An Underappreciated and Unrelenting Novel From An American Master

July 1 2015
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There are countless reasons to turn to the work of Cormac McCarthy, not the least of which are the astonishing beauty and originality of his prose, his synthesis of an entire civilization’s myths about itself, and his unerring insights into human psychology. One doesn’t typically turn to McCarthy, however, for the milk of human kindness. McCarthy’s outlook is as remorseless as the natural world, where survival of the fittest is the only rule that applies. There are exceptions, of course: The Road; parts of Suttree and All the Pretty Horses. And then there is Child of God, a disturbing novel with a fierce ambition. McCarthy does something nearly impossible in this book: he generates sympathy for and identification with—at least for a while, anyway—serial killer Lester Ballard.

McCarthy takes advantage of the reader’s tendency to identify with a book’s main character. The only way a sympathetic response is even possible is that we know Lester before he is a killer, and we see the role his accidental discovery of a pair of dead bodies plays in what eventually becomes a killing spree. The story is told retrospectively, after all the depravity has taken place, through the interwoven memories of a handful of townspeople around whom Ballard grew up. They see him as deeply disturbed, a man-child, nearly incapacitated by his mental deficiencies, his thoughts opaque and unknowable in the extreme, profoundly sociopathic and eventually psychopathic, but they never see him as anything but one of their own gone wrong. The memories of him they recall in attempting to come to grips with his monstrosity cast him as a repository of their shared and flawed history. Through their eyes, the reader begins to identify with him. It is as if their attention, good or bad, is enough to humanize him.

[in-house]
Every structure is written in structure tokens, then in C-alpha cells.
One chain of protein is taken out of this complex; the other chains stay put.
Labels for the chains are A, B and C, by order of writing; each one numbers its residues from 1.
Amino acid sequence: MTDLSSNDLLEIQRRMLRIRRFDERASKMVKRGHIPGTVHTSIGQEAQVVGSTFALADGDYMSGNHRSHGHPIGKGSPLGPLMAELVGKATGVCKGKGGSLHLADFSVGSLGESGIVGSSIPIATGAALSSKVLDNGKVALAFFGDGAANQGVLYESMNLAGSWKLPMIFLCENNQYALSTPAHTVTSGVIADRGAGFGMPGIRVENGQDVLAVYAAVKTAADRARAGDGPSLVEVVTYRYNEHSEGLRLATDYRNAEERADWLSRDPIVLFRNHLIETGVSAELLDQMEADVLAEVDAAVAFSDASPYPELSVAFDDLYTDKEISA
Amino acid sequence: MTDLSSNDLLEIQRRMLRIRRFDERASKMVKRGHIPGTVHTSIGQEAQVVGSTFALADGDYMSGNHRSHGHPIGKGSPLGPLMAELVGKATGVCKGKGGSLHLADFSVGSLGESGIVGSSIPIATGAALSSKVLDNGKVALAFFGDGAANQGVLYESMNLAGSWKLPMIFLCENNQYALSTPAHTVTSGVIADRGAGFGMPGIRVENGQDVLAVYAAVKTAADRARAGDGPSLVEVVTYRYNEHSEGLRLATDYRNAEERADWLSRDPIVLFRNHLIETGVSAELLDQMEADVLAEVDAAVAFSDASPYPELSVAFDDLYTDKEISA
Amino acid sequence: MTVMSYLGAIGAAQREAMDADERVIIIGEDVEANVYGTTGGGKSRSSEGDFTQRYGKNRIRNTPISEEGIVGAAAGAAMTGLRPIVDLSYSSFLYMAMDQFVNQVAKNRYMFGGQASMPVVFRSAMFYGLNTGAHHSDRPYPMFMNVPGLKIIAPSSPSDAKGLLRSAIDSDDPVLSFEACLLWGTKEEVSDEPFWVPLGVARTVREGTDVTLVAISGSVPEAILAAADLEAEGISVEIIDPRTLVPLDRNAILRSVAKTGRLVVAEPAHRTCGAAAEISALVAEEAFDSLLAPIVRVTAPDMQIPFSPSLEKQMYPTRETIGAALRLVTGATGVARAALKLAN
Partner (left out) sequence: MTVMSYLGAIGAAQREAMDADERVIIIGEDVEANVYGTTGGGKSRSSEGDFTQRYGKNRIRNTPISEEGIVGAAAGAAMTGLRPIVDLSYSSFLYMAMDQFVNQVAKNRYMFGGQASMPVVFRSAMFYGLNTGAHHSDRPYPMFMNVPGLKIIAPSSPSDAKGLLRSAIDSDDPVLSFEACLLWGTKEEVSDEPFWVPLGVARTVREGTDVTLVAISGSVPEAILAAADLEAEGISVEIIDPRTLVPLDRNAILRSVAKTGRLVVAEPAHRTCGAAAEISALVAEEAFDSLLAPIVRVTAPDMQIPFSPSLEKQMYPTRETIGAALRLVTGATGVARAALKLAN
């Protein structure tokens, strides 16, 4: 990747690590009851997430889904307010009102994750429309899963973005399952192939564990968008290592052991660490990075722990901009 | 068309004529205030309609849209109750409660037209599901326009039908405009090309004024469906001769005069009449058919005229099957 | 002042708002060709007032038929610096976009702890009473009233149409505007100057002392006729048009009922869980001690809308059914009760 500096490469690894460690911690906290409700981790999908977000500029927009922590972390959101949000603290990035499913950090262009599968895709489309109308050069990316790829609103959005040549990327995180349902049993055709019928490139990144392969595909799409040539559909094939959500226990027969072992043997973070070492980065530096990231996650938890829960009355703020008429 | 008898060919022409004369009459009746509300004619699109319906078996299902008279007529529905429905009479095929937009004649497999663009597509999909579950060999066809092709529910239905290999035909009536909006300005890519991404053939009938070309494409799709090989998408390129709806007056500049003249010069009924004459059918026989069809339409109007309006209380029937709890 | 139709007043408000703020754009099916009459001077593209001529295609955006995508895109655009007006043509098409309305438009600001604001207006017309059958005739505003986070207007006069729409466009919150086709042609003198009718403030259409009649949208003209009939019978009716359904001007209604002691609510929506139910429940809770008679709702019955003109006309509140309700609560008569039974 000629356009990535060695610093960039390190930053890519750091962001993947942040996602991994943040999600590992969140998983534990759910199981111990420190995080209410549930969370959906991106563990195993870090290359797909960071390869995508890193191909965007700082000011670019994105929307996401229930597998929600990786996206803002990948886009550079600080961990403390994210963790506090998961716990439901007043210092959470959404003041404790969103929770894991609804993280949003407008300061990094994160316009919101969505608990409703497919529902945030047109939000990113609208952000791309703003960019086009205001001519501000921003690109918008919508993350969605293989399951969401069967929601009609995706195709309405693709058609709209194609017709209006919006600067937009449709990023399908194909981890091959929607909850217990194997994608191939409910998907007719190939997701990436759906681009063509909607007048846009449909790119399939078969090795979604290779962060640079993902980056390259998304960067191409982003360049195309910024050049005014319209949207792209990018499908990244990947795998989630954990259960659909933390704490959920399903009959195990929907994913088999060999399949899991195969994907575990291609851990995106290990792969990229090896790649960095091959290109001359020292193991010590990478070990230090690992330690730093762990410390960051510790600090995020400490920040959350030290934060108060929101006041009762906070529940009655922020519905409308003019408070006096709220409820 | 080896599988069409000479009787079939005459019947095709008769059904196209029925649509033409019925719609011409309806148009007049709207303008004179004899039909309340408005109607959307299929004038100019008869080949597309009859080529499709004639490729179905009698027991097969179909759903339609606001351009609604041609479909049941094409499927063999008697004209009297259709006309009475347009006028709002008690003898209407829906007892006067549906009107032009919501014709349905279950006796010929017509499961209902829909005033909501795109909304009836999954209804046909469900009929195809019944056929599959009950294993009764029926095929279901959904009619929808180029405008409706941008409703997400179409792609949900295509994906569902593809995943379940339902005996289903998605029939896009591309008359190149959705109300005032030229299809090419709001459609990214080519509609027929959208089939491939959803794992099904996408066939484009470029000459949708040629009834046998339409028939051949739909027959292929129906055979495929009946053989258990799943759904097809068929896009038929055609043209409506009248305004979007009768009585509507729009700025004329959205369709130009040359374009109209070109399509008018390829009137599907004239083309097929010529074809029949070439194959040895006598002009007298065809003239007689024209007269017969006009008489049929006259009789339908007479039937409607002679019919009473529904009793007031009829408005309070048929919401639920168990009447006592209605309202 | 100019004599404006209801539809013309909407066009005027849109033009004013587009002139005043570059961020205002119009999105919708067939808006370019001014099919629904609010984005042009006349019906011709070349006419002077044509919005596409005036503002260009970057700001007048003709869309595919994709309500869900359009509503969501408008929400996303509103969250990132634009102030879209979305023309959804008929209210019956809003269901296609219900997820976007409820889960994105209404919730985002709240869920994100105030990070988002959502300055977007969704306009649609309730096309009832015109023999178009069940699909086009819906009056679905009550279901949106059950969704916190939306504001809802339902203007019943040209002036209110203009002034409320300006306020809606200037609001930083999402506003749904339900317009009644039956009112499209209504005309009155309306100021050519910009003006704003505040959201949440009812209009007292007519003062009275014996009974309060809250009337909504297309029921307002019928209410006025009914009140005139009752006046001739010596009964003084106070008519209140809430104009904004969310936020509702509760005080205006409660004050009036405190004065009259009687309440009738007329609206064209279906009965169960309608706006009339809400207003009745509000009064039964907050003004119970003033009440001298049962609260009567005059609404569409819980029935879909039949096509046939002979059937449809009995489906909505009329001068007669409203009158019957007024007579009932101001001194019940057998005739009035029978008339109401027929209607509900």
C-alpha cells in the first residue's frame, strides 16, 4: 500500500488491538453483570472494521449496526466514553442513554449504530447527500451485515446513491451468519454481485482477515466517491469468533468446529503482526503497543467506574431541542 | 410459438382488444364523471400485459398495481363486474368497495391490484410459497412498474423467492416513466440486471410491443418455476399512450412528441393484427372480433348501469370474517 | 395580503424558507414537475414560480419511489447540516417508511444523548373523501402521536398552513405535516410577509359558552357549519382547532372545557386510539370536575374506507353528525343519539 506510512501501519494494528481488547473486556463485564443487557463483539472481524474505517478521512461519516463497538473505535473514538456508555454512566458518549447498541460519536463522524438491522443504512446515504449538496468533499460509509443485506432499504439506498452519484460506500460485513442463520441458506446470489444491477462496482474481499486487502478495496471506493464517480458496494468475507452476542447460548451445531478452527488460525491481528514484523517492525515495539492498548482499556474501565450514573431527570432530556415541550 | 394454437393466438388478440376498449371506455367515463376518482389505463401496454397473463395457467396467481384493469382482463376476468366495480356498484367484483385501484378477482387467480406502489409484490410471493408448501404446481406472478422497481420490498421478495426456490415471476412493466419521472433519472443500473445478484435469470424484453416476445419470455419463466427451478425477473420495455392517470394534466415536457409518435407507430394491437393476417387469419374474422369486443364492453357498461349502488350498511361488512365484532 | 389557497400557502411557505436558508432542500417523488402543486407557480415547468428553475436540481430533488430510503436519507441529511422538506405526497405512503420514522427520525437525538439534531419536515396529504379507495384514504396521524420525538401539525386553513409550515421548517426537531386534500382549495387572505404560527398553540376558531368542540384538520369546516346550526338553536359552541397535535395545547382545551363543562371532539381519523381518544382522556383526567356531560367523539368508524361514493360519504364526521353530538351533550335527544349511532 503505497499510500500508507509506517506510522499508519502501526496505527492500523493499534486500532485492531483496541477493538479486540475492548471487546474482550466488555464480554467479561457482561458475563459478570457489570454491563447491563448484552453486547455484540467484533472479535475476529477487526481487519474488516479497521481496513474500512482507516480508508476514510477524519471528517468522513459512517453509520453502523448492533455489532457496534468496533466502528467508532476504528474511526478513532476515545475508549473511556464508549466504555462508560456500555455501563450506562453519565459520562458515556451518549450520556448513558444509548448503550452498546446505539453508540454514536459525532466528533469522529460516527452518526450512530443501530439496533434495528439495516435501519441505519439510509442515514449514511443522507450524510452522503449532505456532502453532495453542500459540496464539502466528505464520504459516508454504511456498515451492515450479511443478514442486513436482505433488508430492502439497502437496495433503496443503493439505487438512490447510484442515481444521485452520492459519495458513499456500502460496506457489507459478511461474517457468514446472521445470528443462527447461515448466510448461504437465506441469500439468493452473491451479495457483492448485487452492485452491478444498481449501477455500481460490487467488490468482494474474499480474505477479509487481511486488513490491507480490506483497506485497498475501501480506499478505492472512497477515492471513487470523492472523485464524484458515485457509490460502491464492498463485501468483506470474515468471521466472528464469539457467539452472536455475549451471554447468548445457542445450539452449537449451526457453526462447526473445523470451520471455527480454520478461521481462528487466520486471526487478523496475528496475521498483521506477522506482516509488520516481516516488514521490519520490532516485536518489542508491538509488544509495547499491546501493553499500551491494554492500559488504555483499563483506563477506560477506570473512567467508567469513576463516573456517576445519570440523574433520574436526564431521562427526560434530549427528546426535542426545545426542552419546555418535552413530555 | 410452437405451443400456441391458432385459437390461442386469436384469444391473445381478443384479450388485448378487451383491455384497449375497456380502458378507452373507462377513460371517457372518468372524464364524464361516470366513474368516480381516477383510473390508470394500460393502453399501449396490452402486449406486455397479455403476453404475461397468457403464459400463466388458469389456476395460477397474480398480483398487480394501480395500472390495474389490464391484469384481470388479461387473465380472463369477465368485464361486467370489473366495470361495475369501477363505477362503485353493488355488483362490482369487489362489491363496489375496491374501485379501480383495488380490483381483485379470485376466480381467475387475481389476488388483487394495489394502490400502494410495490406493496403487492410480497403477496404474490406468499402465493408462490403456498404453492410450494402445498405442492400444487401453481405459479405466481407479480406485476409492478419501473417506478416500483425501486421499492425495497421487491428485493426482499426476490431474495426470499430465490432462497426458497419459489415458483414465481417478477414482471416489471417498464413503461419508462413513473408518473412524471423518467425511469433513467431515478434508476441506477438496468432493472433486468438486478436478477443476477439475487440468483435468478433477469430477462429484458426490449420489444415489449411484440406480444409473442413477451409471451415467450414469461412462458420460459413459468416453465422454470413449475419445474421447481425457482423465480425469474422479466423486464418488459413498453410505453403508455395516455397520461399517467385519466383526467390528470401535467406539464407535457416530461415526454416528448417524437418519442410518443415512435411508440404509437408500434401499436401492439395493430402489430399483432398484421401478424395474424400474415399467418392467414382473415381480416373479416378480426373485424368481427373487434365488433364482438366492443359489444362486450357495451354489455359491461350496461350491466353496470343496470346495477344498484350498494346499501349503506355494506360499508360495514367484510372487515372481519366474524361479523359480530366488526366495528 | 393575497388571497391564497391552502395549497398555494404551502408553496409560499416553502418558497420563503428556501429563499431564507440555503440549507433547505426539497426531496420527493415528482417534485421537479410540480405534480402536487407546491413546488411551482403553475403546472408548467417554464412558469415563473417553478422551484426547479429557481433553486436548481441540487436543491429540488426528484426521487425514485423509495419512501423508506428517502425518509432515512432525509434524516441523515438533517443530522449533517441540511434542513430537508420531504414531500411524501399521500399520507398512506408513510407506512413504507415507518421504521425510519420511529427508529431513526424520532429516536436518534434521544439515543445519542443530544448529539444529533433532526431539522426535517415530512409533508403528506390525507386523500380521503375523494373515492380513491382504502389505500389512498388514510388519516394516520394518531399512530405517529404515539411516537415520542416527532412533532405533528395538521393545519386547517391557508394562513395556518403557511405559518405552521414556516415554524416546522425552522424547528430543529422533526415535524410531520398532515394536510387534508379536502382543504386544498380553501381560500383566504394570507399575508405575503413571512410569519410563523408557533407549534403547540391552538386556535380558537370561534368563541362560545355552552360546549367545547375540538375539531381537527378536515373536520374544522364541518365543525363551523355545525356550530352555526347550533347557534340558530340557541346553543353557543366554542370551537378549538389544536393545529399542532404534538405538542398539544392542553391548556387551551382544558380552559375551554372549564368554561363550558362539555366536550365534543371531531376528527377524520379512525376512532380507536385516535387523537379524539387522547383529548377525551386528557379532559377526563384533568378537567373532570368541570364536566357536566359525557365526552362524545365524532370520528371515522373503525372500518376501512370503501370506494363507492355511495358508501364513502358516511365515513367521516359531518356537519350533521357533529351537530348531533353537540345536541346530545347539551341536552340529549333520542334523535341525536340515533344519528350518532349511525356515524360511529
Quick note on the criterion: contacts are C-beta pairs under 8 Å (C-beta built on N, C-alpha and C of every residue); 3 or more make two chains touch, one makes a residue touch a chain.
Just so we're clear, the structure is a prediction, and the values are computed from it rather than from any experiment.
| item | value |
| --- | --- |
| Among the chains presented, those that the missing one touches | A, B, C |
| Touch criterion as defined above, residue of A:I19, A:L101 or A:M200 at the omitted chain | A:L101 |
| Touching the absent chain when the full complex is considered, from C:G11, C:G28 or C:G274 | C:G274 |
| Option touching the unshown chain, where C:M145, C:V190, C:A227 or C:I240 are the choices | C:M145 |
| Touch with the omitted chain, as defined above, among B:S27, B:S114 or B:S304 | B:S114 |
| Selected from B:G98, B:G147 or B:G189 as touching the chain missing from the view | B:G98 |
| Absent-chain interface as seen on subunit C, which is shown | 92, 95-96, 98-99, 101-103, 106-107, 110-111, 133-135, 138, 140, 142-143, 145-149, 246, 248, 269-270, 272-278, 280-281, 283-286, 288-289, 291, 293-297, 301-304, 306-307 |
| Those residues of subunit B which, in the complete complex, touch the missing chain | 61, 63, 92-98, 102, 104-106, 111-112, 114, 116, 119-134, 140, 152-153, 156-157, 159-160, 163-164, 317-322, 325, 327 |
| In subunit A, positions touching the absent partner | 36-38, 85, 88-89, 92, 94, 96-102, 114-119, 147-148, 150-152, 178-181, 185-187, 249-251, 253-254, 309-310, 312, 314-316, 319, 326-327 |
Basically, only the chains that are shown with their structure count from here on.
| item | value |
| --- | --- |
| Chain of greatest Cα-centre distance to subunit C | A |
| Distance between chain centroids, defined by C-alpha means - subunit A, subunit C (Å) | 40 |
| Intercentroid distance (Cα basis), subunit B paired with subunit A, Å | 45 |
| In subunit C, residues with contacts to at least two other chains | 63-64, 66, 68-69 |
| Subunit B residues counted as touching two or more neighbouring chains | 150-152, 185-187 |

McCarthy emphasizes the similarities between Ballard and the rest of humanity. He gives him the trait of an unconquerable curiosity. As long as Ballard is watching the world, trying to figure out its mysteries, we are curious to see the world through his eyes. The reader yearns to stop him before he turns to violence, but there is no such consolation in McCarthy’s universe.

Much as we might like to call Ballard’s behavior “inhuman,” it is crucial to understanding Child of God to realize that McCarthy underscores how very human it is. No species has wrought as much violent destruction as man. Ballard may be the worst of what we are capable of, but he belongs to us, and, like the townspeople, we must own what he’s done.

And yet there is no relativism in this scarifying work. In murdering, Ballard crosses a divide into an otherness that normal people can’t fathom. He leaves the family of man. McCarthy is drawing a line between being a human, period, and being “human” in the Enlightenment tradition of humanism. If we are disgusted that a creature like Ballard could even exist, it is up to us to continue to uphold the values that deem him a scourge.

McCarthy’s work suggests that morality begins in the understanding that ties of friendship or family must break down in the face of true monstrosity. McCarthy sees that those most empathetic to our actions are also those best equipped to pass judgment on us. We live and die by those who know us best. The townspeople are the equivalent of the brother of the Unabomber, Ted Kaczynski, who turned in his own kin. The bonds of civilization hold.

There isn’t redemption in this book, but there is a kind of consolation one can take in McCarthy’s ability to see so clearly into the hearts of Lester Ballard, Chigurh in No Country for Old Men, or the Judge in Blood Meridian—men who have stepped outside the strictures of civilization. McCarthy spends a great deal of time in the heads of psychopaths, misanthropes, and megalomaniacs, and there is a quality of self-sacrifice in this endeavor. He is shining a light into the darker recesses of human nature, that we might know ourselves with greater clarity, and keep the fire of civilization burning.


Matthew Thomas is the author of the acclaimed debut novel We Are Not Ourselves, which is now available in paperback.

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